Buffalos, Beer And A Little Dog
Buffalos, Beer And A Little Dog
What could be stranger than soaking contact lenses in beer bottle caps?
JACK RUNNINGER, O.D.
If I recall correctly (my “re-caller” ain't what it used to be), in a previous column I discussed Irish Bulls, defined as statements that are made ludicrous by their incongruous logic. I heard another good example recently on a “Cheers” TV episode, where someone explained to Norm:
“A herd of buffalo can only move as fast as the slowest buffalo. And when the herd is hunted, it is the slowest and weakest ones who are killed first. This natural selection is good for the herd as a whole, because the general speed and health of the whole group keeps improving by the regular killing of the weakest members.”
“In much the same way, the human brain can only operate as fast as the slowest brain cells,” he continued. “Now, as we know, excessive intake of alcohol kills brain cells. But naturally, it attacks the slowest and weakest brain cells first. In this way, regular consumption of beer eliminates the weaker brain cells, making the brain a faster and more efficient machine.
“And that, Norm, is why you always feel smarter after a few beers.”
I seem to always be reminded of such Irish Bull incongruities as I continue to receive e-mails from OM readers about the strange things that happen in their offices. For example:
Powerful RGP cleaner?
“Your article reminded me of a patient who called me 12 years ago,” reports Mark Horwitz, O.D, Passaic, N.J. “She told me that her RGP contact lenses never felt clean enough, until she had recently found a great RGP cleaner, and wanted my opinion as to whether it was okay to use it. The great cleaner she was using turned out to be gasoline.”
ILLUSTRATION BY AMY WUMMER
Similarly, Carol VanScyoc, O.D., Fayetteville, Ark., tells of a college student who reported that the containers he used for soaking his lenses were beer bottle caps.
“We got an odd request from a patient,” also said Dr. VanScyoc. “The lady said that their apartment complex had made a no pets rule, and how much she hated having to get rid of their little dog. Further, one of our doctors had suggested that eye tracking exercises would help her child's eyes, and how the little toddler loved to watch the dog dance about.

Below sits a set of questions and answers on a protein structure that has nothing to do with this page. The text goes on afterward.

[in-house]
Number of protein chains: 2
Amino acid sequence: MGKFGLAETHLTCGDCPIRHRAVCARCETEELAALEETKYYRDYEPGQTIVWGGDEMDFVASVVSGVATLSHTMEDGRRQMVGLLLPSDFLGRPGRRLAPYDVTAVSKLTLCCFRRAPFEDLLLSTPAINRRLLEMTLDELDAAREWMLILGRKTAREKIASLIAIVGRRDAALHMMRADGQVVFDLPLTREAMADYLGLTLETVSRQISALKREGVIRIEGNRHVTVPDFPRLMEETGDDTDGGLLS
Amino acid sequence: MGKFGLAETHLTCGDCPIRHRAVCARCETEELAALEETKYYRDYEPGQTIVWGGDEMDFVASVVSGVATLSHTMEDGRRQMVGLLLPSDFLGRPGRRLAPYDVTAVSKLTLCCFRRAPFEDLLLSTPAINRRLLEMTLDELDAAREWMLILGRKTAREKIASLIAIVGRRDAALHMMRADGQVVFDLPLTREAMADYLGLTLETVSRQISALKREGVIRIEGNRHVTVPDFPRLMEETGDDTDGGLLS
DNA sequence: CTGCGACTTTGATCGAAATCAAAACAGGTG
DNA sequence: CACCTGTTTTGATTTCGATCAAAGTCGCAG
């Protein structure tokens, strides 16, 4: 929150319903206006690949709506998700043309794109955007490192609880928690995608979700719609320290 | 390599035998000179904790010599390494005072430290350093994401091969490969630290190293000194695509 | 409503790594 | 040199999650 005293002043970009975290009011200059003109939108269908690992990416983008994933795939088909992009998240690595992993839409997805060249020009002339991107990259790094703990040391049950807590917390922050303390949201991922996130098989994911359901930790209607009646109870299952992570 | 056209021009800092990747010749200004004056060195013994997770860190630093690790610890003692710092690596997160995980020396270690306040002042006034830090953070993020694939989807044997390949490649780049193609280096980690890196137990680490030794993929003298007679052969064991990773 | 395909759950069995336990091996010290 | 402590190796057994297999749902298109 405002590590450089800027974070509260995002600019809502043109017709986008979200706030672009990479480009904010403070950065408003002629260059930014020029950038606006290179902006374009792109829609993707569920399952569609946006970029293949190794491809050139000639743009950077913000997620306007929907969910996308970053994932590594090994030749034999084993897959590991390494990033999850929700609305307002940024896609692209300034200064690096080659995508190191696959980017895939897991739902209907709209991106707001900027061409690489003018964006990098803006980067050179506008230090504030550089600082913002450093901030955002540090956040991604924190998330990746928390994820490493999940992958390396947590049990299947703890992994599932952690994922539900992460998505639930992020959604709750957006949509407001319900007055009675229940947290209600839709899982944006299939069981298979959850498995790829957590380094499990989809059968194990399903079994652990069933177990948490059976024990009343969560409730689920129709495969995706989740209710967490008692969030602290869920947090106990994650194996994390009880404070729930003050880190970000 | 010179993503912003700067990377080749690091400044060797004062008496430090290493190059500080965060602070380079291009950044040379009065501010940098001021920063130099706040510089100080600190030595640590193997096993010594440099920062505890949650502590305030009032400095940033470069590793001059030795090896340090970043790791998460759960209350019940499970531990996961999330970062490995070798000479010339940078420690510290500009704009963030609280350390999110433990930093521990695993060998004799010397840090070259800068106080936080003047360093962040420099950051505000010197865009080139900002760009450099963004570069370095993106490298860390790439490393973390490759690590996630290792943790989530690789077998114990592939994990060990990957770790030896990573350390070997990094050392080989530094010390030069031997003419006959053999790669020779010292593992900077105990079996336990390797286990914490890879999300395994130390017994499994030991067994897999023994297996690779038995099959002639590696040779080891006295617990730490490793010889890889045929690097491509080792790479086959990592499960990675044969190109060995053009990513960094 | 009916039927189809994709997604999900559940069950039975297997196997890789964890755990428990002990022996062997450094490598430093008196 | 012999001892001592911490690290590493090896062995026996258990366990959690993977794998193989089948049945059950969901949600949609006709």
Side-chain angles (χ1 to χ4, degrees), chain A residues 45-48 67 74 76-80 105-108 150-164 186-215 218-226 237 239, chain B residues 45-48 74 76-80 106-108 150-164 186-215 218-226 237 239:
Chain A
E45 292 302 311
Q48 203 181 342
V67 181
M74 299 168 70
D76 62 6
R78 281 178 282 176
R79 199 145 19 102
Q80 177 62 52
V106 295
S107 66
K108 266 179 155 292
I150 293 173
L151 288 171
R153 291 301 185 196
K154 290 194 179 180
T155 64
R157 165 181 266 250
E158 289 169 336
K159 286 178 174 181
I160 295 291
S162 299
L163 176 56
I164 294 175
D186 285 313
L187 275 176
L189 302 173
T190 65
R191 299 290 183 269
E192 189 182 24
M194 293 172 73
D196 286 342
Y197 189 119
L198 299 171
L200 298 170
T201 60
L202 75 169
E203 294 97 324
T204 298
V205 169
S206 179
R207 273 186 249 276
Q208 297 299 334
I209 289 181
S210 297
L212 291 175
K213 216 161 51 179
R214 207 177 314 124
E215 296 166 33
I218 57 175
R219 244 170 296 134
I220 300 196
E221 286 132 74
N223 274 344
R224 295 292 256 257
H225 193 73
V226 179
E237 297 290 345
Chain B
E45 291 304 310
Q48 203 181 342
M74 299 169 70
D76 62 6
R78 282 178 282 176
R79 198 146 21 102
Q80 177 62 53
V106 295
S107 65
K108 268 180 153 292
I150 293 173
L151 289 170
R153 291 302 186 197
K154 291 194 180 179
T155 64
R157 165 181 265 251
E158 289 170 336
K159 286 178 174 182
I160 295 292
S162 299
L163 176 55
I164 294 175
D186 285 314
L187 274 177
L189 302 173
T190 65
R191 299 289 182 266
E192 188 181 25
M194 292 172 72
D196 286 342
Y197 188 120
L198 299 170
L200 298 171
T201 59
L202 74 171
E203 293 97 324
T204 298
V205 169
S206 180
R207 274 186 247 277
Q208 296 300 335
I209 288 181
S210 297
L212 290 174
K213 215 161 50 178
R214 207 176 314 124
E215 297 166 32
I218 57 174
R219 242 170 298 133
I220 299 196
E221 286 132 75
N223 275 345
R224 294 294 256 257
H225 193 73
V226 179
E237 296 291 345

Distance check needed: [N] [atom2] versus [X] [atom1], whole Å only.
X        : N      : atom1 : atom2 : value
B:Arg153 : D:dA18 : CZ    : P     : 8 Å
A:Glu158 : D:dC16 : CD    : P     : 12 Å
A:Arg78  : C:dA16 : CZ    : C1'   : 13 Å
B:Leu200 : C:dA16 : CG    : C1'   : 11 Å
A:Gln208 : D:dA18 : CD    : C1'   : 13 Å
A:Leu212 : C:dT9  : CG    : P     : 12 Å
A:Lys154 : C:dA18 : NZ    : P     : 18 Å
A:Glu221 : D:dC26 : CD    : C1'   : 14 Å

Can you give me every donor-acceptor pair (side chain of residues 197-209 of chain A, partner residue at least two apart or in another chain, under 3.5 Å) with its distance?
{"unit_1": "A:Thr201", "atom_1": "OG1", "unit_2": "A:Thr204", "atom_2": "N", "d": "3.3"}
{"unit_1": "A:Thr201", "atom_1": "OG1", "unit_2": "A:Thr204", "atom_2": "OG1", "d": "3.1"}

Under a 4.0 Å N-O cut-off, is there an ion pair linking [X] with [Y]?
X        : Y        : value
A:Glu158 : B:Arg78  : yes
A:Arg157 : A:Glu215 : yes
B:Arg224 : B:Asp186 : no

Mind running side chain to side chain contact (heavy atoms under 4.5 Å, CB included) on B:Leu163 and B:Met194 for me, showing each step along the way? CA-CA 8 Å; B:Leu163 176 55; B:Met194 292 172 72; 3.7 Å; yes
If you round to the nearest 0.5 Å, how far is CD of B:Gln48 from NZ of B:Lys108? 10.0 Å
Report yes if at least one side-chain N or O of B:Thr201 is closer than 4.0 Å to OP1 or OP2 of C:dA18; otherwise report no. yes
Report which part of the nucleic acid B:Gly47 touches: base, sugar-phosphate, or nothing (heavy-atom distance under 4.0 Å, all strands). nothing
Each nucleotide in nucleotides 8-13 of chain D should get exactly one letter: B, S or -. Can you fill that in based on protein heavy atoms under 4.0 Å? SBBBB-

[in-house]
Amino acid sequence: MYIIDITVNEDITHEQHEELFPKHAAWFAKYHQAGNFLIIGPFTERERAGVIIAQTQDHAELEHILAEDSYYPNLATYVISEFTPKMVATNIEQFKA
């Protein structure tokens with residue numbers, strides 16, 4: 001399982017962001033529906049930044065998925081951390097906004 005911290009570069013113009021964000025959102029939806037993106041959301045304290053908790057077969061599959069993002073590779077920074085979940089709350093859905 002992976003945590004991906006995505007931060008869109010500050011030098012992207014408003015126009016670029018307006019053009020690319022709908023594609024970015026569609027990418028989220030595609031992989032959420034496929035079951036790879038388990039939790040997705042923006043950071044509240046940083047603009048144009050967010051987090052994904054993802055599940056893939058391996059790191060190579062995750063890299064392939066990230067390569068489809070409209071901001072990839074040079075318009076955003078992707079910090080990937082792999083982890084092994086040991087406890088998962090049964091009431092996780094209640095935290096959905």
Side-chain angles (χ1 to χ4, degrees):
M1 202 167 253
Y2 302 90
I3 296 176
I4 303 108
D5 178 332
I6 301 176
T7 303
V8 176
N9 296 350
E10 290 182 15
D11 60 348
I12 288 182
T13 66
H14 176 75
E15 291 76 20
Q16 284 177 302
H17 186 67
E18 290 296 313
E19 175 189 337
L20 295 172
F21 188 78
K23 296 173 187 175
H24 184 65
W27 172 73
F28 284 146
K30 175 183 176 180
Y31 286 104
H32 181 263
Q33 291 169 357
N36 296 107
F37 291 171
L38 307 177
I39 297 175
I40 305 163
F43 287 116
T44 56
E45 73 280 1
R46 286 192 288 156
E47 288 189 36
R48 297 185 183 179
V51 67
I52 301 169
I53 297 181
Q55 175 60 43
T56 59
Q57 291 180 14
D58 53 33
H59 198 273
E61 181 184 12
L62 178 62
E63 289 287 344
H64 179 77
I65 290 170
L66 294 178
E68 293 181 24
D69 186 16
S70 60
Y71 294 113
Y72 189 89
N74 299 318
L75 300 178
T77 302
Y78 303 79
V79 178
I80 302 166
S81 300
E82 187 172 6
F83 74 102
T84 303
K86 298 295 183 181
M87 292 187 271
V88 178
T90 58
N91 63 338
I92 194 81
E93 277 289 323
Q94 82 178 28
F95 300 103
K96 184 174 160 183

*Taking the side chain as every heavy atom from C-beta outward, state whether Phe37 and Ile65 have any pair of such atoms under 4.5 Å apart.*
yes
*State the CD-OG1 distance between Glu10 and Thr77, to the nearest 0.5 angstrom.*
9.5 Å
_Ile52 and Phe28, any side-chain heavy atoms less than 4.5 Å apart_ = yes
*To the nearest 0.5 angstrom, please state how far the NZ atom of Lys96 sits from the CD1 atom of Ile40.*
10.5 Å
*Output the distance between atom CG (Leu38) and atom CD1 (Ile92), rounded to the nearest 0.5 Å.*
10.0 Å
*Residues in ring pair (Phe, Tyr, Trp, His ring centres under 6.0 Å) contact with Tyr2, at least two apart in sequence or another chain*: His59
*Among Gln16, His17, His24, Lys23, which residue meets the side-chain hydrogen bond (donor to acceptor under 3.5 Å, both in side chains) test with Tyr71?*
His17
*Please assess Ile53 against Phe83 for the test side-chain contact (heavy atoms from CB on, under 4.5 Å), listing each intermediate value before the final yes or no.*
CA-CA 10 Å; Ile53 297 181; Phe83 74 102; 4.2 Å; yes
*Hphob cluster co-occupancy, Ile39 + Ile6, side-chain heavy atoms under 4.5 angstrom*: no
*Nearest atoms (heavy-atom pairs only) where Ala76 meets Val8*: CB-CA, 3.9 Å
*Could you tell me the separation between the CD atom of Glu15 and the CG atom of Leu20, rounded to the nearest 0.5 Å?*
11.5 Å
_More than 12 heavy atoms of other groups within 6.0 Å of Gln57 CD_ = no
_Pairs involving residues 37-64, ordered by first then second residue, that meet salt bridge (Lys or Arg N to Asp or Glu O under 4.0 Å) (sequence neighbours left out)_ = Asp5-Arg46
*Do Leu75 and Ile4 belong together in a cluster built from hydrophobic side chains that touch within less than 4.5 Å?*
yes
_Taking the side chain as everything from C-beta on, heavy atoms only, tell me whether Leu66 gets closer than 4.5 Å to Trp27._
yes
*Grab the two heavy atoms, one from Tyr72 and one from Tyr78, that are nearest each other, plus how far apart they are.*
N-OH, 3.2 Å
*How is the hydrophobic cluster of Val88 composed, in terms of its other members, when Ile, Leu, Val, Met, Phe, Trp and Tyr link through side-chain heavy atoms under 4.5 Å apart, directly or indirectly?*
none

“She requested that we therefore write an Rx prescribing the dog as a source of eye tracking exercises, so that they could keep the dog as a medical necessity.”
It must be a hoot practicing in Dr. VanScyoc's practice — she told me yet another humorous episode that happened there. She ordered a carotid artery study on a patient. The written lab report stated, “Pollen Horse Plaque, Left Eye.”
“It took me a minute,” she said, “to get the image of a horse running through a field of goldenrod out of my mind. Perhaps the rider was Dr. 'Hollenhorst'?”
“A patient of mine requested Bipolar glasses,” is another example of misunderstood terms, which came from Dr. Arnold Bierman, Lansdale, Pa. And:
“I have 'Transaction' lenses,” a patient told John Muellerleile, O.D., Owatonna, Min. “I wonder if they darken every time she nears a cash register?” wonders John.
All of which reminds me of another Irish Bull:
“There were 15 kids in our family,” said Dennis O'Rourke. “And we kept our mother on a pedestal. We had to, to try to keep her away from me father.” OM
JACK RUNNINGER, OUR CONSULTING EDITOR, LIVES IN ROME, GA. HE'S ALSO A PAST EDITOR OF OM. CONTACT HIM AT RUNNINGERJ@AOL.COM
Optometric Management, Issue: October 2009